The Project MALES Student Mentoring Program connects undergraduate students from the University of Texas at Austin with Austin-area high school and middle school male students. Partnering with Central Texas school districts, Project MALES Student Mentors work to improve the educational attainment and college-going competencies of young men of color while also providing a safe space for these young students to discuss responsible manhood. The Project MALES Student Mentoring Program was piloted at William B. Travis Early College High School (ECHS) during the 2011-2012 academic year, we are now at Webb Middle School, Martin Middle School, Mendez Middle School, Burnet Middle School, and Gus Garcia Young Men’s Leadership Academy. We are also serving the following high schools; Travis ECHS, Lanier ECHS, Lyndon B. Johnson ECHS, Reagan ECHS, and Eastside Memorial ECHS in Austin ISD. We are also in Manor ISD and KIPP Brave High School. This fall we we will also be adding Del Valle ISD, as one of our new mentoring sites. Mentors visit with local high school and middle school students every week to mentor and discuss a variety of topics ranging from college preparation to financial literacy to the “soft” skills needed to succeed in college and beyond. For more information, contact Project MALES Director, Dr. Emmet Campos at email@example.com or Program Coordinator Rodrigo Aguayo at firstname.lastname@example.org. You can also visit us on Facebook or follow us on Twitter.
Advancing equitable educational outcomes for male students of color at the local, state, and national level.
The Project MALES Student Mentoring Program collaborates with local schools and communities to implement and sustain effective mentoring services for male students of color, focused on increasing post-secondary success.
Since 2011, the Project MALES Student Mentoring Program has focused on relationship-building among male undergraduate mentors and male high school students in Central Texas school districts. This model is a research-informed initiative that highlights mentoring as a way to leverage social capital among males of color at various points in the educational pipeline to ultimately build a stronger college-going culture among this group of students. The basic structure entails a “near-peer” mentoring philosophy, with college freshmen being paired with high school freshmen to allow for longer term bonds to develop.
The mentoring model takes a dynamic and intergenerational approach to achieve increased achievement and retention of male students of color both in secondary and post-secondary educational settings. This model brings together three key groups: (I) male professionals as role models, (II) current Latino male college students (both upperclassmen and first-years), and (III) younger Latino male students in local high schools. In this model, professionals (e.g., graduate students, student affairs practitioners, community leaders, and allies) serve as mentors to males of color in college. In turn, these college students have the opportunity to engage in mentoring local high school male students. This inter-generational model is structured around a variety of experiences that focus on leadership development, community engagement, and service. Mentors and mentees engage in the following formal activities:
- Weekly or Bi-weekly guided, purposeful peer-mentoring sessions across generational lines (professionals to college students, college students to high school students)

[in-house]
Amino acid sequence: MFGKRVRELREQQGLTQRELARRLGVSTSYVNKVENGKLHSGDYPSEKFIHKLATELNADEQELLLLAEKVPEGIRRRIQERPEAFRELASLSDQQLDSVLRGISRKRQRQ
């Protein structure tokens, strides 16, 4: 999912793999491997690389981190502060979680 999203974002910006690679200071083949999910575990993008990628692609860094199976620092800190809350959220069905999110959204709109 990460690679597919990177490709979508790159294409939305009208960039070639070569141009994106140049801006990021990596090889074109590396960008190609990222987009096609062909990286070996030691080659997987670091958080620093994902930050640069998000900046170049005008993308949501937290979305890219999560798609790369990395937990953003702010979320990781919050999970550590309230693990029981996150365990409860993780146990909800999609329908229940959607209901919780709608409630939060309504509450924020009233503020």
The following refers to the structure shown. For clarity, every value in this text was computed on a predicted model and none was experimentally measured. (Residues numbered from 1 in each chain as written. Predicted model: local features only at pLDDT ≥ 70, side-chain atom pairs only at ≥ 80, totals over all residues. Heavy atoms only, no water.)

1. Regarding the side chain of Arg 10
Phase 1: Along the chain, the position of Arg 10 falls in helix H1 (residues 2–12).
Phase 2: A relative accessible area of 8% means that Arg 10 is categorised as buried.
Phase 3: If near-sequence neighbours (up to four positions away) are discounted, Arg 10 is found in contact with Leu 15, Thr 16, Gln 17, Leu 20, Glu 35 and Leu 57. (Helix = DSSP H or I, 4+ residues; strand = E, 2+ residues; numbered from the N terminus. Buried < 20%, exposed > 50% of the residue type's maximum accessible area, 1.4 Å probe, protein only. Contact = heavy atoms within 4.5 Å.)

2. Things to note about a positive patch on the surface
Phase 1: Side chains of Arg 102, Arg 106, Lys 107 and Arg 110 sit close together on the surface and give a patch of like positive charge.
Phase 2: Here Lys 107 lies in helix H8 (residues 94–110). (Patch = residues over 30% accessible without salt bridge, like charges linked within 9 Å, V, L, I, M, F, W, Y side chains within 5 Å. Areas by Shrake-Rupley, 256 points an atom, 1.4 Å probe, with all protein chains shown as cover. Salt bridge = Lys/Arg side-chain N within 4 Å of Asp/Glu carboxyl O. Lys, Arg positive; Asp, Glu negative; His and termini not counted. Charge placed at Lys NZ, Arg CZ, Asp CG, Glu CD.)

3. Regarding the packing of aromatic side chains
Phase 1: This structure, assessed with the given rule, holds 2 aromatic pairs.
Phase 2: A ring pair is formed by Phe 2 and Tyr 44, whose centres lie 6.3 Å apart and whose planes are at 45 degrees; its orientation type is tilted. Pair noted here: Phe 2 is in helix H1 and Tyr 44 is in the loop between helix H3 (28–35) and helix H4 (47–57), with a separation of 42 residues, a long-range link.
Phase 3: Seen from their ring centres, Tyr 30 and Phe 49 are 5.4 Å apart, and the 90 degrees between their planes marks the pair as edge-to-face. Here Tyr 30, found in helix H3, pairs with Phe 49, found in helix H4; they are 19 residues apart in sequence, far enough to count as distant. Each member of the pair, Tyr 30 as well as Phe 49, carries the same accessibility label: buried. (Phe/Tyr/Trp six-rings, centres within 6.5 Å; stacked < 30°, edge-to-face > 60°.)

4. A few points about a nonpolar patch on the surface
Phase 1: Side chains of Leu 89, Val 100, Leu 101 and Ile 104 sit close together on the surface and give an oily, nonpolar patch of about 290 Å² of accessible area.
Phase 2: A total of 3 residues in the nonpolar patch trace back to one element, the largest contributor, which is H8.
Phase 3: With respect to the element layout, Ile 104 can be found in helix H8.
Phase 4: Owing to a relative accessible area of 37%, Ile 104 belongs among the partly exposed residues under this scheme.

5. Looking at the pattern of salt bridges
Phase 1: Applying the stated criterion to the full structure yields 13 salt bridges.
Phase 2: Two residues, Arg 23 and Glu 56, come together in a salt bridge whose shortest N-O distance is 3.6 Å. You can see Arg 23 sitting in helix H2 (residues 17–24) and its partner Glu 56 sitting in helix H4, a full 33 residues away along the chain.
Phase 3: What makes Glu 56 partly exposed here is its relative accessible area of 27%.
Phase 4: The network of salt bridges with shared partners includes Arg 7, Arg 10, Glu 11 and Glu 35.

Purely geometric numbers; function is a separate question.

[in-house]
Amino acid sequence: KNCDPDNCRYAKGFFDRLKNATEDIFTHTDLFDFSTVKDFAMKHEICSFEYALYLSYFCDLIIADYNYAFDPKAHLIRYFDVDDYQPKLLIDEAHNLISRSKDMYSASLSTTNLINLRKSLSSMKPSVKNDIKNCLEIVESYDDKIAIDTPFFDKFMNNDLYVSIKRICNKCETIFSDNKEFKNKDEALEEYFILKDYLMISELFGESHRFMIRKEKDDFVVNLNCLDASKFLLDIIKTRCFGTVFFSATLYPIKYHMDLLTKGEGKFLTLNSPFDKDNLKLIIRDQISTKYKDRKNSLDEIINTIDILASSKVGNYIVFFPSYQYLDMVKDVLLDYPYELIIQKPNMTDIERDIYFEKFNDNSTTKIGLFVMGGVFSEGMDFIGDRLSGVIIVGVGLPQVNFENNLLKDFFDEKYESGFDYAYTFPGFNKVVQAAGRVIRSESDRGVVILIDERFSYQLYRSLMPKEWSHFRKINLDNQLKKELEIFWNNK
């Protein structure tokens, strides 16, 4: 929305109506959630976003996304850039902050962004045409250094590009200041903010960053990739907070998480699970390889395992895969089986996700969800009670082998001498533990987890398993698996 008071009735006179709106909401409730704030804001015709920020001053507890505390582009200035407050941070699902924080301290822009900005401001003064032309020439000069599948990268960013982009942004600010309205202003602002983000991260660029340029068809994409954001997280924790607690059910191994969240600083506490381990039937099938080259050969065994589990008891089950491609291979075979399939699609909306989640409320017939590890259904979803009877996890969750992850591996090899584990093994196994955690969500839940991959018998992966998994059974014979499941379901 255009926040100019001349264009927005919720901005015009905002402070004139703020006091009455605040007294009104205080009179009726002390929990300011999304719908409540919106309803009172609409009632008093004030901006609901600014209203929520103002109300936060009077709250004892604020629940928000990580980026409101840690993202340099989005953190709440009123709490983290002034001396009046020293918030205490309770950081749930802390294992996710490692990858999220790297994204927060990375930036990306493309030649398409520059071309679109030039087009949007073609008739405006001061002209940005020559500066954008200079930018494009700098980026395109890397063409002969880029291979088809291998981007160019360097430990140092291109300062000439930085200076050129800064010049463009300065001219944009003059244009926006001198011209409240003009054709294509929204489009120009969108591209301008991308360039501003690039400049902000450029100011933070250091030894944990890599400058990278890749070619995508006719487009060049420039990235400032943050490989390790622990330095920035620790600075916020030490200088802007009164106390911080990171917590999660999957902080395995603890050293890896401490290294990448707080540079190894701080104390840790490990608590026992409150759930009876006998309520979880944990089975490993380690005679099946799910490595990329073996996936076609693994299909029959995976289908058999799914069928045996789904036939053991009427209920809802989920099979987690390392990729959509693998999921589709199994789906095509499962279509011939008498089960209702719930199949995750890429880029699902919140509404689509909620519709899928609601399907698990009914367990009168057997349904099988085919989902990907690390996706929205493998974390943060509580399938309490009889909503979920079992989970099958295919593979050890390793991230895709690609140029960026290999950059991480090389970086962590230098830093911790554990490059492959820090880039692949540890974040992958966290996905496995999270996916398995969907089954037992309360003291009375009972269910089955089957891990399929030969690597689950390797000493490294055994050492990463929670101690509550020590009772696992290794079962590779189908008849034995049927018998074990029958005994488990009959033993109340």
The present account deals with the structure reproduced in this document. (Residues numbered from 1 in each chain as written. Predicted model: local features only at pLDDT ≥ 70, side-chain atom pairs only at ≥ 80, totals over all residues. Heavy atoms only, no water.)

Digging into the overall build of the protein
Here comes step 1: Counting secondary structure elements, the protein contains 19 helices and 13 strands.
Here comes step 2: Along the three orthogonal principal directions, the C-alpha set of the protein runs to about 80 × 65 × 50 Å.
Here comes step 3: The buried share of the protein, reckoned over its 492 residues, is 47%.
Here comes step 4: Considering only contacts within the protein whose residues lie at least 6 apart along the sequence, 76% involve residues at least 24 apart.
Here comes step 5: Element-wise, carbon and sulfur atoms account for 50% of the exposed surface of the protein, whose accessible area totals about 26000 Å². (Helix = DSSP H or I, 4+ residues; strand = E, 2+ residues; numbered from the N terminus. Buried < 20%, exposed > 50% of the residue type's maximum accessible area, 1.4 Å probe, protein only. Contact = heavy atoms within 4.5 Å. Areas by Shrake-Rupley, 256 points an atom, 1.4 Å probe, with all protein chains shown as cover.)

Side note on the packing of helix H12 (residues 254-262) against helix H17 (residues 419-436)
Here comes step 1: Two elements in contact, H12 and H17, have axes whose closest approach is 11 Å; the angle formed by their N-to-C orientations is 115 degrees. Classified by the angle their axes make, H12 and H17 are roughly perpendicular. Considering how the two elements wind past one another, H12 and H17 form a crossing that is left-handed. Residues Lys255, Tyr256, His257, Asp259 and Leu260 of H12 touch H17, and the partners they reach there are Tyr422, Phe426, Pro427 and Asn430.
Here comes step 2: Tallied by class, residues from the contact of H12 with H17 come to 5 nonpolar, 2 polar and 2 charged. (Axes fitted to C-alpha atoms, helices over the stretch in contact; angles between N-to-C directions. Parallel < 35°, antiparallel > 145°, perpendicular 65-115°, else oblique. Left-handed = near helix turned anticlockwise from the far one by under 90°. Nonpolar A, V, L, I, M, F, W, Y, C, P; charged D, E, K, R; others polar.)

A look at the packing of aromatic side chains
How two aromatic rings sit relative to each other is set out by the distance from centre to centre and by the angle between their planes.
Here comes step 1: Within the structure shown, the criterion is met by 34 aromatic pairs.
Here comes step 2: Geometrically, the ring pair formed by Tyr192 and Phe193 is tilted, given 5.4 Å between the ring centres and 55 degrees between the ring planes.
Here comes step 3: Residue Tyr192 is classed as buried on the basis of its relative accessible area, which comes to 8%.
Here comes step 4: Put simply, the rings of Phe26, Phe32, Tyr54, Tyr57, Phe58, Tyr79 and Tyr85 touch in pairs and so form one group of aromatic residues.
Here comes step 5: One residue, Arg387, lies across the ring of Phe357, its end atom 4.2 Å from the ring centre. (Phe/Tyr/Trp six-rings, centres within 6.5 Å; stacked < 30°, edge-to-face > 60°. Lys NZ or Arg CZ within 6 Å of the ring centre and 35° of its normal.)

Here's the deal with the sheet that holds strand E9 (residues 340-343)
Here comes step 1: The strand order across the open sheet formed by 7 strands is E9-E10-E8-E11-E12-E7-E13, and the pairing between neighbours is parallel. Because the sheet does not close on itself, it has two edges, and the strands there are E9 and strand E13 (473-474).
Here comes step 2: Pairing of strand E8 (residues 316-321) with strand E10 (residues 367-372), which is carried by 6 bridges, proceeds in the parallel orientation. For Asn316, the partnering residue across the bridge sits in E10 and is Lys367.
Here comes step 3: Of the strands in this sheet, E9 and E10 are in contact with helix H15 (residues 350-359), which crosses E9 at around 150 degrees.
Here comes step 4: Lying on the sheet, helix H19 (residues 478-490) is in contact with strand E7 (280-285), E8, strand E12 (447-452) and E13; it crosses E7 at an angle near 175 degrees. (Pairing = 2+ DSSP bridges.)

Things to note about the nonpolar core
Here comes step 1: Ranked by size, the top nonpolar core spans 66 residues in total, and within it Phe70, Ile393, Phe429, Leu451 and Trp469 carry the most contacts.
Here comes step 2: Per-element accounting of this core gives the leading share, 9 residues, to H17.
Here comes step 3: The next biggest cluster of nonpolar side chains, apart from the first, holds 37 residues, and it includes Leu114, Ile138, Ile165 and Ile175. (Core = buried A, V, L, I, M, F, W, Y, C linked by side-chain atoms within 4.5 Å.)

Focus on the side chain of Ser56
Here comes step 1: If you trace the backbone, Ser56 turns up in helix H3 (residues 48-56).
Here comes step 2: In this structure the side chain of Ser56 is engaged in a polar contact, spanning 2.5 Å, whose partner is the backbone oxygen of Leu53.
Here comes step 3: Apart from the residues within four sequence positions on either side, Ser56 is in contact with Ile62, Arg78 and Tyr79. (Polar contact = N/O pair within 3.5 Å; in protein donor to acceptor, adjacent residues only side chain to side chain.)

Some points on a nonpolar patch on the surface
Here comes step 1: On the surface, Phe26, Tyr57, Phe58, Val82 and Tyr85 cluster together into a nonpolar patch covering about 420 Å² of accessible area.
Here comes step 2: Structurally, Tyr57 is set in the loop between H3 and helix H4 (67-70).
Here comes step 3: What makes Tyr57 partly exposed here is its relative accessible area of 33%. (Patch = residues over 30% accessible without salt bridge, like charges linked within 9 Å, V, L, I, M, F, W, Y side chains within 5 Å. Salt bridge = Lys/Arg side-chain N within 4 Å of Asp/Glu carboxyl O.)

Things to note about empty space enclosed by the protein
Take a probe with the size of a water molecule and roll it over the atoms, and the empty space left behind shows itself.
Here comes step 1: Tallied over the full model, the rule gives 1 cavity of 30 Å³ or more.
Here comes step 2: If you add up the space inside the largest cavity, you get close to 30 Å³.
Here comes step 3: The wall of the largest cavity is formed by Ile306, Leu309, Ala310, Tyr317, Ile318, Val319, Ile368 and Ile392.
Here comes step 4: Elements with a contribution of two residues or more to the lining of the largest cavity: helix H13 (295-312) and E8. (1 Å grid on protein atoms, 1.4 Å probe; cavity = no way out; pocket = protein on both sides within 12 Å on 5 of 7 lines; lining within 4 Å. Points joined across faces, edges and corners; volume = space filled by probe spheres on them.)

- A weekly meeting among first-year college students (cohort-style experience) that will strengthen social bonds and cultivate a nurturing network between mentor participants
- A monthly Pláticas series that will feature prominent Latino male speakers (e.g., professionals, role models) that will facilitate small group discussions among mentor participants
- Semester-long community outreach and/or service projects that will involve both mentors and mentees at both participating colleges and high schools
Critical Mentoring Curriculum
Brotherhood is defined as a network and/or group bounded by shared values, principles, attitudes, and beliefs. These networks and/groups aim to challenge and empower their members in positive ways, and to hold each other accountable to these values and beliefs so they can collectively impact their local communities in positive and empowering ways.
We define leadership in an individual and collective sense, as a person or groups who have the necessary qualities to be an example in multiple spaces: at home, in school, and in their communities. Leaders develop the ability to persevere and accept the support and input of others to work cohesively towards a common goal.
College & Career Readiness:
We define college and career readiness as being academically and socially prepared to succeed in college and career. College and career readiness ensures that students have the tools, skills, and abilities to succeed and excel academically in school. Students should be able to translate these skills and abilities to succeed and excel in the workplace.
Health & Wellness:
We define health and wellness as promoting healthy relationships amongst our students. Achieving health and wellness requires taking the initiative to improve our health holistically, and includes but it is not limited to students’ physical, mental, emotional, social, and spiritual health and well-being.
We define identity as the unique aspects that make individuals, in all their complexity, who they are rather than necessarily how they are defined by society and the media. We promote positive self-identity development by creating safe spaces for students to examine their own experiences and identities and to allow them to freely express it. Understanding identity development in its multiple expressions allows for students to understand themselves, their experiences, and how they relate to other diverse individuals and communities around them.